by Helene Arjakovsky-Klepinine
In February of 1943, Fr. Dimitri Klepinin, an Orthodox priest serving the Russian emigre community in occupied Paris, was arrested by the Nazis for issuing false baptismal certificates to Jews. One year later, he died in the concentration camp at Dora, near Buchenwald--a camp known as "the Man-Eater."
Father Dimitri, an associate of Mother Maria Skobtsova, was glorified by the Orthodox Church on January 16, 2004. In this volume, his daughter, born only five years before his arrest, lovingly tells the story of her father's life: his early search for faith and meaning in a life upended by revolution and exile; his decision to enter the priesthood; his devotion to his wife and children; his sacrificial service to his parish at the rue de Lourmel; and his heroic decision to do all within his power to save the Jews who came to him desperate for protection from the growing Nazi menace.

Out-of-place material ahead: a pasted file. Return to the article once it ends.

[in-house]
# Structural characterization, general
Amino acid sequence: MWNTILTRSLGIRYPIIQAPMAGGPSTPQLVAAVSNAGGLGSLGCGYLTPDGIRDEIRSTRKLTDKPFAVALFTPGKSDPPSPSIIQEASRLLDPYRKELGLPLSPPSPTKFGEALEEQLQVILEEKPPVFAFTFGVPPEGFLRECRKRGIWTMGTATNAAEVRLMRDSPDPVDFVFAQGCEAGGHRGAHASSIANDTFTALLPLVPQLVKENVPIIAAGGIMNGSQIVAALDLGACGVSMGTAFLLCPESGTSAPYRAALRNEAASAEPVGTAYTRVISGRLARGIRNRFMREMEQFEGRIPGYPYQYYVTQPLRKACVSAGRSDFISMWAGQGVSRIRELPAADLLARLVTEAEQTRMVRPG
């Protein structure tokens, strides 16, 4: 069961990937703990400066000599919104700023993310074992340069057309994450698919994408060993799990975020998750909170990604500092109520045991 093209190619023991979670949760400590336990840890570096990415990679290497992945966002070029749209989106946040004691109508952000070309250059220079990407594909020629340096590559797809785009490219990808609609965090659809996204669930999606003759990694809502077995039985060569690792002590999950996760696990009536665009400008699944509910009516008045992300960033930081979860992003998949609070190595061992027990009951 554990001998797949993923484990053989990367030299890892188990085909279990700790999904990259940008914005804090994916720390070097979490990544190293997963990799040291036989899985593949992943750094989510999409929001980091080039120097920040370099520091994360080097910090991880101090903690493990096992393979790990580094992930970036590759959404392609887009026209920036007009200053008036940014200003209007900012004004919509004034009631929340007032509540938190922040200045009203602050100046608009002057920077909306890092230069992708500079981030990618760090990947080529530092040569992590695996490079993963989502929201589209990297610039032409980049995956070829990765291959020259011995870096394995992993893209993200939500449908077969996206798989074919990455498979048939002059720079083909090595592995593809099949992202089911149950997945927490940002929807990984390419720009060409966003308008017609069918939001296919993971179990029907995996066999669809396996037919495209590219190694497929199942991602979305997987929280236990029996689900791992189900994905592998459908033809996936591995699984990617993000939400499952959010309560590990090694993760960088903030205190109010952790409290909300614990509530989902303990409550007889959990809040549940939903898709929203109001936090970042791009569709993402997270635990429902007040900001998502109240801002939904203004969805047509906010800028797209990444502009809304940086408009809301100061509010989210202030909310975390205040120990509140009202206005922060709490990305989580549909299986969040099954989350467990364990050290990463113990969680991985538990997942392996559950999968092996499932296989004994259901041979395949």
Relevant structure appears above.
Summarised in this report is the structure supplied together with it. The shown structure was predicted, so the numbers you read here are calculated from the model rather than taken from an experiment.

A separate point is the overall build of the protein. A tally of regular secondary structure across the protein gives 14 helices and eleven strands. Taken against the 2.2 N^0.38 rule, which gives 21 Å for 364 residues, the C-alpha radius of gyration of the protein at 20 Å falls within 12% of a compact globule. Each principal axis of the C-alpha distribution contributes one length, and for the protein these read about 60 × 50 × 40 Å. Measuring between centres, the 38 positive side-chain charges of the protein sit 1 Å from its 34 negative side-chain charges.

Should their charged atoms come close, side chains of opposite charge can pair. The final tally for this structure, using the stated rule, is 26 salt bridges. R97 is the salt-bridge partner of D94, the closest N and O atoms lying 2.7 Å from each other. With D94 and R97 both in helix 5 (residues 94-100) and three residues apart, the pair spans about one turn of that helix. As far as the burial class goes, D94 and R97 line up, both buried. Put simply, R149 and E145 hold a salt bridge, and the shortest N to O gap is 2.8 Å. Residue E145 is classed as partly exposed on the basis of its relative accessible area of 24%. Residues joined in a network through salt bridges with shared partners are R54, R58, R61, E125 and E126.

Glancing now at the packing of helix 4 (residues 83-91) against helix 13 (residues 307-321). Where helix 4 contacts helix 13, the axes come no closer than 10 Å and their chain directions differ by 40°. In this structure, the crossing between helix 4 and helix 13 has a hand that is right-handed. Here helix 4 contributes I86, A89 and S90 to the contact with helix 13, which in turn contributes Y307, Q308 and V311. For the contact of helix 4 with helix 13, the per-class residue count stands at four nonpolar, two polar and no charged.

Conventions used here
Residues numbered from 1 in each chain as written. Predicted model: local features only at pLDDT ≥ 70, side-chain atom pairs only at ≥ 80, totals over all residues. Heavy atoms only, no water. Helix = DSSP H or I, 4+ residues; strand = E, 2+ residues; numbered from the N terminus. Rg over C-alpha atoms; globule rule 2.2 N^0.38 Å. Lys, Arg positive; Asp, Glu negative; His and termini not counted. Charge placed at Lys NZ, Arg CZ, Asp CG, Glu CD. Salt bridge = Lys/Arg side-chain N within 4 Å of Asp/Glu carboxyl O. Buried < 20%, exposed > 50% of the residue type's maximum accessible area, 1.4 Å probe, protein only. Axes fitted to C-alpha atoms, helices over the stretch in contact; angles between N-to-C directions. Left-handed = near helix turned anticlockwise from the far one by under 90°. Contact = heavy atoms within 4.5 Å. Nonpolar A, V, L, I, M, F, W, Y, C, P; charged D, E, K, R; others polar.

The final section of the book consists of Fr. Dimitri's letters to his wife from his initial confinement at Compiegne. In these letters we glimpse the humble, dauntless spirit of a man whose reliance on Christ was absolute and whose devotion to serving his fellowman did not waver, even to the grave.
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